Learning to live with, and even appreciate, the thuggish plants in the garden is sometimes merely a matter of shifting focus. Let me illustrate by telling you a little story about an unassuming, shy plant that surreptitiously overran the garden and then seduced the gardener.
Moving into a different house, most will agree, can be a daunting task. More so, if the house is a remodeling project in a borderline area (it would be a stretch to call it a “neighborhood”, surrounded as it was by warehouses and freeways). In my first act of gardening, I brought home a shovelful of common violets (Viola odorata) from my mom’s and slipped them into an unobtrusive spot by the front porch. Truth be known, all spots were pretty unobtrusive at the time, but that’s another story. My intent was fuzzy, just some knee-jerk reaction to a nesting instinct. My ignorance was vast. I had never heard of such a thing as an invasive plant. Over time, more and more of the rubble-strewn lot gave way to cultivation. At weeding time, I would find errant violets popping up in each and every bed, duly yanking them out and casting them aside with some annoyance. The violets had other ideas. In late February, I ventured into the waterlogged garden to admire the daffodils at close range. Confronted by a carpet of fragrant purple, punctuated here and there by the nodding yellow and white blossoms of the daffys, it became clear that the violets had it right after all.
Then I remembered a failed baking project from some years back. It was a birthday cake. It fell. There was no time to bake another, but this sorry-looking brown lump with the crater in the middle simply would not do. Filling the crater with lemon curd helped some, but embellishment of some kind was definitely in order. Off I went to the gourmet deli for some candied violets. Yikes! Semi-precious gems fall roughly into the same price range! I would have to make do with a few primroses dusted with sugar and some sprigs of ivy. The cake was lovely in the end.
The yen for candied violets resurfaced with vigor when I saw before me the raw materials in ridiculous abundance. After some trial and error, here is the process I devised. Pick about 2 cups of violets with stems attached. Fill a large bowl with cold water. Dump in the violets and swish them around to eliminate mud and/or critters, then pat them dry with paper towels. Whisk two egg whites in a bowl until barely frothy. Mound granulated sugar in a pie pan. Cover a cookie sheet with parchment or wax paper. Have handy a teaspoon, a pair of scissors and a damp sponge. Hold a violet by its stem, swish it around in the egg white, tap it against the side of the bowl to remove excess, then lay it in the sugar and use the spoon to fill all of the little crevices. Shake off extra sugar, lay the sugarcoated violet onto the parchment and use the scissors to cut off the stem. The sugar will puddle a little, so the best effect will be achieved if you place the flower face up. The damp sponge comes in handy to wipe sticky fingers and scissors from time to time. My two cups of violets filled a large baking sheet with no two violets touching. Drying time, I found, is critical. In a few hours they are dry enough to use for decorating, but for storage, a few days is more like it. My first batch seemed perfectly dry the next day, so I put them in little jars on a shelf, where I could admire them. Oops! They congealed into a solid ball. It was possible to pry them apart, but not without causing considerable damage (broken bits make a lovely flavoring for homemade ice cream, scones or biscotti). I used superfine sugar for the second batch. The color comes through a little better and they are more delicate, but drying time is even longer.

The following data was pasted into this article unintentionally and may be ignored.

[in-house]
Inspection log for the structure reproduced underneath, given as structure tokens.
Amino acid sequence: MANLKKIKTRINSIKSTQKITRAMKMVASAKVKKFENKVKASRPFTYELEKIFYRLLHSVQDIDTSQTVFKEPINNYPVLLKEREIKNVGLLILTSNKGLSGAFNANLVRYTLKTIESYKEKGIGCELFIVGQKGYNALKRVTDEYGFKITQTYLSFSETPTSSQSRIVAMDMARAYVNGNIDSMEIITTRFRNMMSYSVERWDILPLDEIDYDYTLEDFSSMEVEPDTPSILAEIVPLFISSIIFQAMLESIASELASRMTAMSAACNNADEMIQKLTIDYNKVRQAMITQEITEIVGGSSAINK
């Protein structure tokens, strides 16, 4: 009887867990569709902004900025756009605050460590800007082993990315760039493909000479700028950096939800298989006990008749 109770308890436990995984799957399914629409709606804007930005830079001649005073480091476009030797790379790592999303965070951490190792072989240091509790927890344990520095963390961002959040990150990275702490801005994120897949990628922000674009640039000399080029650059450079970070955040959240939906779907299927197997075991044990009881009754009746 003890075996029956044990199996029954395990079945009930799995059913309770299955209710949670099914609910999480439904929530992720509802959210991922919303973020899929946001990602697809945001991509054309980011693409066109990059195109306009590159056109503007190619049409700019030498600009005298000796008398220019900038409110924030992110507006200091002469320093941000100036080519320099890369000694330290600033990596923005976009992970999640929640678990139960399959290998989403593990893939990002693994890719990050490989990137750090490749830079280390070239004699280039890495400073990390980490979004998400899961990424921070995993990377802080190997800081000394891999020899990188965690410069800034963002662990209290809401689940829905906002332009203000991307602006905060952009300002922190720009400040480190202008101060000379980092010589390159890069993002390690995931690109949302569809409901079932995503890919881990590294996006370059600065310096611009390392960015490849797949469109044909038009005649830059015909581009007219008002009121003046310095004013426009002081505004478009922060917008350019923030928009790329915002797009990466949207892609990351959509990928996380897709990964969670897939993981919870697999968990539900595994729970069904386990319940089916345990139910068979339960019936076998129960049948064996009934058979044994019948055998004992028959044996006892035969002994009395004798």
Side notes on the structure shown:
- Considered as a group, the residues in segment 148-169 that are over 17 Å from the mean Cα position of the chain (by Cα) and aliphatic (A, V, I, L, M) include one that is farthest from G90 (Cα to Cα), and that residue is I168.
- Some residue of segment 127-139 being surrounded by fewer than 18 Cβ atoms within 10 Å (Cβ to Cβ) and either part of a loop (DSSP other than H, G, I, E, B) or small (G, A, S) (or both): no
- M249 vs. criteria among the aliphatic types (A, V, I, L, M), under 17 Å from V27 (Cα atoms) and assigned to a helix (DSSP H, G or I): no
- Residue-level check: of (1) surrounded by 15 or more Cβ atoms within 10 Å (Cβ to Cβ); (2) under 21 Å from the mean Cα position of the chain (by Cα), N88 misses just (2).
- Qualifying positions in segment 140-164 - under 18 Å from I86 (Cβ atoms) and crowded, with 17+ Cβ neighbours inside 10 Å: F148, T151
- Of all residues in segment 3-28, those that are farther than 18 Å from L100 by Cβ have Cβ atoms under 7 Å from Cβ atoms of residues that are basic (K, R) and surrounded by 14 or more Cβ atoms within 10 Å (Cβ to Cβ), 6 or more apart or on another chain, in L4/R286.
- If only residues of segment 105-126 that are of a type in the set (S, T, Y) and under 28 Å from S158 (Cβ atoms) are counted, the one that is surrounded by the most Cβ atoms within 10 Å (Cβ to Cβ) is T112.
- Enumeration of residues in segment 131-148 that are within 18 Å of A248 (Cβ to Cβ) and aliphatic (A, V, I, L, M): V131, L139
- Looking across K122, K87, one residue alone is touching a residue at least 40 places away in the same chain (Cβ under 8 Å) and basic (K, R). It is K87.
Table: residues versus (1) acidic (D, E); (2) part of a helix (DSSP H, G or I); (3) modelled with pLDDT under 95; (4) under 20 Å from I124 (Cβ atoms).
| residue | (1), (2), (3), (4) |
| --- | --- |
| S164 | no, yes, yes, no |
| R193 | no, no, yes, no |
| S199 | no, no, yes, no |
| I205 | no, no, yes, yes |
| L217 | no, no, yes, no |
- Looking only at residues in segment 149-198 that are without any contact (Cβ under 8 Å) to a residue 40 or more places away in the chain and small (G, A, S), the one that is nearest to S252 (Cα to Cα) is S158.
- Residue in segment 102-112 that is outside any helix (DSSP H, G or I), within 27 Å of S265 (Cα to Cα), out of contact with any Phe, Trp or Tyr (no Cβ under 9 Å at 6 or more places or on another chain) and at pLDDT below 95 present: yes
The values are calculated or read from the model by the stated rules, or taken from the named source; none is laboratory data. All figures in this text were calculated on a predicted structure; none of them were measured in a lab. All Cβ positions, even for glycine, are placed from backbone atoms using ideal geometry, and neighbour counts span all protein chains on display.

In the end, what is there to show for the considerable effort? The deep purple of the flower is filtered through the sugary, translucent crust to become a pale, shimmering lilac with just a glimpse of the orange eye showing through. The taste is hauntingly unexpected and elusive: as if your senses got all mixed up and you are suddenly tasting with your olfactory glands.
This is no quickie project. My love discovered me amidst the violets and proclaimed me certifiably insane. Unable to argue with such an astute assessment of my mental state, I simply turned the music up a notch and continued dipping and snipping and dreaming of extraordinary concoctions to come.
Now for a picture of yourself and sugared violets, please, much like the ‘butter-wouldn’t-melt’ image of you in the first flowered cake picture.
I am still in the state of deep gratitude to invaders, as they seem to be the only plants that grace me with their presence.
Violets grow wild all through my lawn, so lovely when they flower. I think that I will try some candied violets mayself this year, they sound beautiful.
ooh, this is really cool. Very pretty. I’ll have to try it!
I did much the same thing when I started gardening, borrowing a clump of violets from my mom, to regret it later. I think I’ve since weeded them out, but if they do crop up, there’s one reason to keep some around, if you can manage to keep them in check.
All~Looks like I may have succeeded in spreading the insanity to a few of you similarly inclined nut cases. Have fun!
Jo~That’s not me in the cake picture, but the birthday girl, my friend Susan. Since I am the one who usually takes the pictures, there are precious few with me in them…sorry.
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